The plan was to catch the 1015 boat to St Agnes where the Bluetail had been present for a couple of days. Heading onto Telegraph Road toward Hugh Town, a steady stream of birders were displaying the diagnostic 'twitchers march' heading in the opposite direction. For a moment, I stood and observed this phenomenon but then thought it best to politely enquire about the reason for their haste. Well as luck would have it, a Radde's Warbler had been trapped at Porth Hellick and I wanted a part of it - so I joined the party and expressed my own level of intent to get there before it was released.
I joined the strident advance of small interspersed groups that like coiled springs, had been released into action by the news. They don't miss a trick. For me, I was merely engaged in a clumsy idle thinking more about how I was going to make it to the otherside of the island. Jeez, it was further than I thought.
It was ultimately worth it. The bird was presented to the assembled crowd in hand before being released into the nearby scrub never to be seen again. The mysteries of avian vagrancy witnessed here on the Scillies was quite a thing, and I was so relieved to see this little beaut.
But it was now 9.35am and I had to get to the quay by 10.15am - so I marched back. Having been resigned to ill-health for the last couple of months, I was not in great shape, and could feel every muscle in my legs and back, or what remained of them anyway.
I made it, I procured my ticket, and I was on the boat to St Agnes. The Bluetail was on.
On site - a small group with the same objective assembled together within the canopy of trees by the Bulb shop in hushed silence. It didn't show for a while but then miraculously, Walthamstow Birders began to appear, first @porthkillier, then @birdingprof, then later @jarpartridge. What a curious place.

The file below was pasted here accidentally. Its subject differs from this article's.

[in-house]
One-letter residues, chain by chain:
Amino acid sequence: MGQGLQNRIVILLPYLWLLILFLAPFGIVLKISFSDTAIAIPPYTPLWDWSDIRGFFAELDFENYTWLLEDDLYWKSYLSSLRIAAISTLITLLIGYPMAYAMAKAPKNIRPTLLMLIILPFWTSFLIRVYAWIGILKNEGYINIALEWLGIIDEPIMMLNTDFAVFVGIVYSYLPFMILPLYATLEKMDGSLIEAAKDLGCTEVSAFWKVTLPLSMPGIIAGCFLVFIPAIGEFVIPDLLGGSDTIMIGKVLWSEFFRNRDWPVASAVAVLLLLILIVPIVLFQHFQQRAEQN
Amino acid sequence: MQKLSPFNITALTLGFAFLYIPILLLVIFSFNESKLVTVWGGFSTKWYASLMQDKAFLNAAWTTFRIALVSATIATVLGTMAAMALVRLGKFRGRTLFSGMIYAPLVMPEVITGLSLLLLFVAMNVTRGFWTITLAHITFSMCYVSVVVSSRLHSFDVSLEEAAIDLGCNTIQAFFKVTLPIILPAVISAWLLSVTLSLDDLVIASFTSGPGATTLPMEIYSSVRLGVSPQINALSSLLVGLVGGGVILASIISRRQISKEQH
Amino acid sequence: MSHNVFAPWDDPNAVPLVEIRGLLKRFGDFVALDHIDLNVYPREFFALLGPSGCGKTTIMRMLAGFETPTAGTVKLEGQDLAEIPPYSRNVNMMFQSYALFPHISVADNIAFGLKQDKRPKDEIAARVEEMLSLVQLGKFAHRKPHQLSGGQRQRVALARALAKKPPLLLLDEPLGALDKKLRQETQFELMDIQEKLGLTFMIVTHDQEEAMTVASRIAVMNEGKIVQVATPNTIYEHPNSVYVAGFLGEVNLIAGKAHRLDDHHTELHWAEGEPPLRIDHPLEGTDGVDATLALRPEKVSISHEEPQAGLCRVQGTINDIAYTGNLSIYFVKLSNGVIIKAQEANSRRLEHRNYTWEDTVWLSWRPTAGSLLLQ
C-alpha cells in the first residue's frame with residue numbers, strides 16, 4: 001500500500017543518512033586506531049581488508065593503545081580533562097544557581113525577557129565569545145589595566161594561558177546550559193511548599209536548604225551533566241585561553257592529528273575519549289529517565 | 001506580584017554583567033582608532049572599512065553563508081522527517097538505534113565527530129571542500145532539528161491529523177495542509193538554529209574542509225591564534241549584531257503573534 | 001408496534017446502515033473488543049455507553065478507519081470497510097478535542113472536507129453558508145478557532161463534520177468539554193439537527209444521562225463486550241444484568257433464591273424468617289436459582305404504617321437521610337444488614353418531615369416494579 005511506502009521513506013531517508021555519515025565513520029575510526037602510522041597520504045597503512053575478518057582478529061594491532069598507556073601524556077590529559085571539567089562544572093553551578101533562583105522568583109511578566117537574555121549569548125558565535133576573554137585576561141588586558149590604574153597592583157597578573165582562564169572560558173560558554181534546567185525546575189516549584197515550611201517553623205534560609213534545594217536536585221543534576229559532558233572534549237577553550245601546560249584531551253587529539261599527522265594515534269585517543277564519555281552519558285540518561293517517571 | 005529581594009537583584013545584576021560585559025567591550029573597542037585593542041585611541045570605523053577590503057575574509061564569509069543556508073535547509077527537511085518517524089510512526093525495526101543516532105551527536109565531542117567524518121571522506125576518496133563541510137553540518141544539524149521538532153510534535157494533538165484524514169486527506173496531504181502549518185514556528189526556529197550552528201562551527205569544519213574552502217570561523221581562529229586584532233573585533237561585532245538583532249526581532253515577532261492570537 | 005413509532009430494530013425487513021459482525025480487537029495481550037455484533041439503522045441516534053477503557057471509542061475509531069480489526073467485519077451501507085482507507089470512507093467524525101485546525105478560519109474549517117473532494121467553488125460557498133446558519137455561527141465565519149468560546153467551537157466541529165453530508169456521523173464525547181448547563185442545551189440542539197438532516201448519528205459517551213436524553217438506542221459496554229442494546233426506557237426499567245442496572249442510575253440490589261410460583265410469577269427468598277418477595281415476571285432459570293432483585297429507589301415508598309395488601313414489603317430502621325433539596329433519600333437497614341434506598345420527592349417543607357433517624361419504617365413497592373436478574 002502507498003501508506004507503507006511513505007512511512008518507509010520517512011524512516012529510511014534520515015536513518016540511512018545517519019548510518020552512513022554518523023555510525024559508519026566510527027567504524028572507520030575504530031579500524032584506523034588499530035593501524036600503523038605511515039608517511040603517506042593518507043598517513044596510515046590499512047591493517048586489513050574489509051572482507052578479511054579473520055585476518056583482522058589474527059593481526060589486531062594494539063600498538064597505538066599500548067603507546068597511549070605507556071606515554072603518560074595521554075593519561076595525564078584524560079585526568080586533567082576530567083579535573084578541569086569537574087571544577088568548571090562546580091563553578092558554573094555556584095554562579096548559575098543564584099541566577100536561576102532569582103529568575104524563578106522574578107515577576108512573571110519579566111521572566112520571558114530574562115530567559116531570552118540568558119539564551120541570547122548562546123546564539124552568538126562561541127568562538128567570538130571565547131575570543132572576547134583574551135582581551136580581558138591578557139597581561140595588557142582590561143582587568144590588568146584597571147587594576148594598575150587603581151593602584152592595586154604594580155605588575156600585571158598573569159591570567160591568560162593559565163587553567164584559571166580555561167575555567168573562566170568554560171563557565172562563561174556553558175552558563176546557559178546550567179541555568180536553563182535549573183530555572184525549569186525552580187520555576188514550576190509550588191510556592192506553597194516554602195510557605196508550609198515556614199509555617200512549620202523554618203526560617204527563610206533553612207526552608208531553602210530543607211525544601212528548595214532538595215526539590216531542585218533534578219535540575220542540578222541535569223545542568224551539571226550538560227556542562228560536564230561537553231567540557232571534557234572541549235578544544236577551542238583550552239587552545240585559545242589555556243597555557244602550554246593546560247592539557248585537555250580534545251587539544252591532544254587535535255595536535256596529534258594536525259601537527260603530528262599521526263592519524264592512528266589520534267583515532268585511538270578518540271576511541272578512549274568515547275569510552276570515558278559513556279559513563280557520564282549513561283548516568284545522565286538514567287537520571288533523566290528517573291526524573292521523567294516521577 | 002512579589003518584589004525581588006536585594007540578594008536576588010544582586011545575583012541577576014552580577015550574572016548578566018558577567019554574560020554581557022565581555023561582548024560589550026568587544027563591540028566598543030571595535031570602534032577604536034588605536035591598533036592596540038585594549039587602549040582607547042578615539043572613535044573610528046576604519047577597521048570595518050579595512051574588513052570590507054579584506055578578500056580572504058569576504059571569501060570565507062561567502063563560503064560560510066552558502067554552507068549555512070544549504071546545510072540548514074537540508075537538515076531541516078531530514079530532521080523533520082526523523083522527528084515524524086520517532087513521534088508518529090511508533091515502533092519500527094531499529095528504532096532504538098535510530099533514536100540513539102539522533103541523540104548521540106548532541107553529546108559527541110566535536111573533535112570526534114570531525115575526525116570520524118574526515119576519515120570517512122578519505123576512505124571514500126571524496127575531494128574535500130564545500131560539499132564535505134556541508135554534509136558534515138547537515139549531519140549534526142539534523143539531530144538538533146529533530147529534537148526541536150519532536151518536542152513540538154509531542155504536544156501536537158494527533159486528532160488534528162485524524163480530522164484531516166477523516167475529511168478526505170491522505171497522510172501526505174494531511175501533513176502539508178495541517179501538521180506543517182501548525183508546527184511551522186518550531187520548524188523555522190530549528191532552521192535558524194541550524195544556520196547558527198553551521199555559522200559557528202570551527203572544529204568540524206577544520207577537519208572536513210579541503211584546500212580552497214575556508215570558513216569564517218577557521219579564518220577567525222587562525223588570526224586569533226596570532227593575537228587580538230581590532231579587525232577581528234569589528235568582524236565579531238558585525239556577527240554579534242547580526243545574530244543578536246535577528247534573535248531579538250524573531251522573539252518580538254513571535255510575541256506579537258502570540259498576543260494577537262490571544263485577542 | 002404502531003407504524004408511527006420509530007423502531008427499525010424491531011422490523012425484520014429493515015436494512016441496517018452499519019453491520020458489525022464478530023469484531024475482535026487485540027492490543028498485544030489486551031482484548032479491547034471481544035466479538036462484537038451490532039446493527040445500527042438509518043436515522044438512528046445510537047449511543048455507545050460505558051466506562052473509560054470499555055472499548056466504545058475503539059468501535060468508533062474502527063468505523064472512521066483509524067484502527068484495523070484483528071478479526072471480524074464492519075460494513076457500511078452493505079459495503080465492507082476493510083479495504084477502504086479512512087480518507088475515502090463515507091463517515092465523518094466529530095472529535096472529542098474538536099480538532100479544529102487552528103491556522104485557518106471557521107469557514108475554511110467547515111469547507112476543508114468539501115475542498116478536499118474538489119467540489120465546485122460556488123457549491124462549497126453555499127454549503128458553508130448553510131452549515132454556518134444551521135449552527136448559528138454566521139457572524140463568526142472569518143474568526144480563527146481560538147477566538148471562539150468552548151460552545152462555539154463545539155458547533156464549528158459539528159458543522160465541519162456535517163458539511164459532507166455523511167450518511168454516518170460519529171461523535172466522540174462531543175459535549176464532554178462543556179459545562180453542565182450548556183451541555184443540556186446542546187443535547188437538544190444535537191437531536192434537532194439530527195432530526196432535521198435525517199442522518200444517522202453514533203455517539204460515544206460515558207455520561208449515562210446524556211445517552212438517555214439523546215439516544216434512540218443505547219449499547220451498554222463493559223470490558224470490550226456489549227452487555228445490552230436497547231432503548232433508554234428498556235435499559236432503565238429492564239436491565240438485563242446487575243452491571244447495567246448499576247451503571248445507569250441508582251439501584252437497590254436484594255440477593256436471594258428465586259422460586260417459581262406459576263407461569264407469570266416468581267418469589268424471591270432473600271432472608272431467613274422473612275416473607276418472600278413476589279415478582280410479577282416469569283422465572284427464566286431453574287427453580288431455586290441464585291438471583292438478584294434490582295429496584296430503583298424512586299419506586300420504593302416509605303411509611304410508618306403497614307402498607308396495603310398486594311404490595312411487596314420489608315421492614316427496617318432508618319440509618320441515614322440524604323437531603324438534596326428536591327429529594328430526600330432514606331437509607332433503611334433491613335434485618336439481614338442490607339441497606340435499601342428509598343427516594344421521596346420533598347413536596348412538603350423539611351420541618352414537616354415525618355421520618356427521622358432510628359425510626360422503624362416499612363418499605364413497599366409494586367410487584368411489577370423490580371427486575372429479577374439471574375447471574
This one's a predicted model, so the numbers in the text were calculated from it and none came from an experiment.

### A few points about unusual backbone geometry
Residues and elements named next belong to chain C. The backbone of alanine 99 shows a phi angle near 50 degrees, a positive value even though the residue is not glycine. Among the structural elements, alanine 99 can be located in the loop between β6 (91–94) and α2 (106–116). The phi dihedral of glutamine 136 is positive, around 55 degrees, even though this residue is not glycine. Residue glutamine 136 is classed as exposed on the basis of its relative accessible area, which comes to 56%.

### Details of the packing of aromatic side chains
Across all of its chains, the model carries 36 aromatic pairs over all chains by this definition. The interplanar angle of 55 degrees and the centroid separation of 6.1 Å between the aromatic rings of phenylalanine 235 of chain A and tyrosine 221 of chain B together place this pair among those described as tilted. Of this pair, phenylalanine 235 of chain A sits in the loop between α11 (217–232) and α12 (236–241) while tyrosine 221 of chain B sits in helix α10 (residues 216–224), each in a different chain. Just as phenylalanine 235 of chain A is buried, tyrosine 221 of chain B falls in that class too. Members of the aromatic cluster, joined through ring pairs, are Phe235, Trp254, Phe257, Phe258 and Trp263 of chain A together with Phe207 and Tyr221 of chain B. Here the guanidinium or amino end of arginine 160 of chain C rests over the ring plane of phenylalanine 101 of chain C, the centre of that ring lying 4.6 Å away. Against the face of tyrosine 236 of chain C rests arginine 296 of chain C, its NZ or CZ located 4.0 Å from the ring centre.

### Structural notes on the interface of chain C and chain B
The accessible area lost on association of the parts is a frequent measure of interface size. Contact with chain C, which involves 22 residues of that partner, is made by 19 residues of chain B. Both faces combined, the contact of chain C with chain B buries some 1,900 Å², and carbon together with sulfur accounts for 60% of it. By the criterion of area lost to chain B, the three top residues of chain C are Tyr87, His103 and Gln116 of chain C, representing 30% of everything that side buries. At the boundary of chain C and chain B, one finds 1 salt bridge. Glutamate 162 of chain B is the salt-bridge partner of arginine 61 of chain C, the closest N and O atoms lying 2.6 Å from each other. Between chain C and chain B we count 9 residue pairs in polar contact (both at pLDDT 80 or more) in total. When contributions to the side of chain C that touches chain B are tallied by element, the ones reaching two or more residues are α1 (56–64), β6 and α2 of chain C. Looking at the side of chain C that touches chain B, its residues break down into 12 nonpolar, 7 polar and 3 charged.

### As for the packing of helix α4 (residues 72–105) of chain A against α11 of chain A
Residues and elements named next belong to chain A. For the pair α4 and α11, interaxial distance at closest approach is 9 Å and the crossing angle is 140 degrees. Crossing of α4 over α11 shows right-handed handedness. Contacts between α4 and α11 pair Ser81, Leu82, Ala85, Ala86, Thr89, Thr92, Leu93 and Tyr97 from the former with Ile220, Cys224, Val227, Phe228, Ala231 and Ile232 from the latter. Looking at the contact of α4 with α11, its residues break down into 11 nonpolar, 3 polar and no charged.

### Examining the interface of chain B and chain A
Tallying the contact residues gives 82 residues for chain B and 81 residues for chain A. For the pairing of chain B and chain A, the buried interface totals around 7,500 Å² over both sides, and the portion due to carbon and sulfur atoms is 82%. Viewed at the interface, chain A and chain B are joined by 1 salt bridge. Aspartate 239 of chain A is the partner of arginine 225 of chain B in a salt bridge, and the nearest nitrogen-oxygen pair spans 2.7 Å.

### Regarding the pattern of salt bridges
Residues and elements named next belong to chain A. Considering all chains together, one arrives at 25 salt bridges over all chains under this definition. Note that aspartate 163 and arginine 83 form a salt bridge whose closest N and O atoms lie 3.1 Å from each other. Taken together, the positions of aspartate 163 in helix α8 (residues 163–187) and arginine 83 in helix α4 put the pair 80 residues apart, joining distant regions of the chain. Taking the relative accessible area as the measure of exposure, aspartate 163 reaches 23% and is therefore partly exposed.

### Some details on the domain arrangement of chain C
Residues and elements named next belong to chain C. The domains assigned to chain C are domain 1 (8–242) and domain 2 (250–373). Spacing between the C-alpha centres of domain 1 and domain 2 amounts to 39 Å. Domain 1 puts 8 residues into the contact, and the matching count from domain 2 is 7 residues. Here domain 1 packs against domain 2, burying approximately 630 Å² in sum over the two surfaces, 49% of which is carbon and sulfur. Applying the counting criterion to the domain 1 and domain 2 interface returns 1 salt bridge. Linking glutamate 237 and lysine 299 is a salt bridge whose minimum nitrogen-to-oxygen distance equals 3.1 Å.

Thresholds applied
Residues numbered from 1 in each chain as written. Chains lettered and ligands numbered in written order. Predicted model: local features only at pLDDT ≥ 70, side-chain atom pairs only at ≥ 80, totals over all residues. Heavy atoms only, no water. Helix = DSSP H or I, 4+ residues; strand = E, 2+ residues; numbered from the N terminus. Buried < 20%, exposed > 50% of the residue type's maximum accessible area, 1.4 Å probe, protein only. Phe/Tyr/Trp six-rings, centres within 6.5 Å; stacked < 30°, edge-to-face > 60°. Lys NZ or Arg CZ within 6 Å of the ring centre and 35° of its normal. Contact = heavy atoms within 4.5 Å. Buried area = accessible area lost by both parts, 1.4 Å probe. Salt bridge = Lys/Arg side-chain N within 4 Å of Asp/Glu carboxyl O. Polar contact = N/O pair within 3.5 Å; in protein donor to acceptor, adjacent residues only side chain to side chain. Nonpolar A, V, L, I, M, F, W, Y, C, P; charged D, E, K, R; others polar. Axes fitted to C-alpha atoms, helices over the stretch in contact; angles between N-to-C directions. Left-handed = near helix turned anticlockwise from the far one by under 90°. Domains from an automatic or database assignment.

We searched, and I headed round to search the corner of a smalled tilled field where I noticed the bird sitting halfway up a hedge on the opposite side to where I had been standing previously and my first Red-flanked Bluetail - such a magical bird.
With some fine conjuring by @porthkillier, we later managed some rewarding views of a much sought after species as it fed on the periphery of an adjacent field. Within two hours, I had managed to see two new species. A Yellow-browed Warbler high up in the deciduous canopy added to the haul of birding riches.
This was going really rather well. St Agnes is a splendidly beautiful island, and accepting an invitation from @porthkillier for tea, we reclined in the garden bathed in the warm autumn sun and the planet for a change felt utopian.
The afternoon was spent wandering, a semi-search for anything interesting but nothing really that serious because, the environment was captivating. It was warm, the sun was shining, there was barely a breath of wind . An aberrant 'white' Small Copper was an interesting sighting but in all honesty, it didn't really register.
A diversionary walk round Wingletang Down produced a Whinchat, a Common Swift and a Spotted Flycatcher which were nice late autumn migrants.
More excitement though. a Sea King made a visit to St Agnes as we stood by the Sports Field next to the Big Pool. The search and rescue helicopter had flown in from RNAS Culdrose on a farewell visit to the islands that had been commissioned to provide medical and rescue services to and from The Scillies. The future for these services have been privatised but whatever the arrangements are for this essential provision, this final visit was enjoyed by school kids and big kids alike.
It's still the same day, and we're not done yet. Having got the boat back, I followed in @birdingprof and @notquitescilly 's shadow grateful to be accompanying them on a walk up Penninis Head in search of a reported Short-eared Owl. This seemed like a reasonable idea despite my ailing body.
Heading up to the tops, the Owl was seen at distance perched up on an exposed rock just off the main promontory - a challenge to locate, but obvious when pinned down. An incongruous spot for an Owl, but chilling out in the sunshine never hurt anyone.
What happened next was a bit surreal. As the three of us continued our walk toward the point, a pipit species, alighted from an adjacent field. It called, a toned-down punctuated 'sheeeoo' with a reasonably lengthed tail but without the more obvious dimensions of a Richard's Pipit. It certainly didn't sound like one which is where my limited expertise on the matter ended whereby handing over the proper identification stuff to the big boys.
So we followed it's flight, having seen it drop down onto the next field and connecting with it immediately - shorter tail, shorter legs, pale throat, dark malar stripe, obvious dark median coverts - well - we give you a Blyth's Pipit. It showed well, really well, and well done to the boys. They really are very good and again, a lovely bird, seen well in good light.
This was an exceptional day, it had everything, and it felt a million miles from the worries of the world.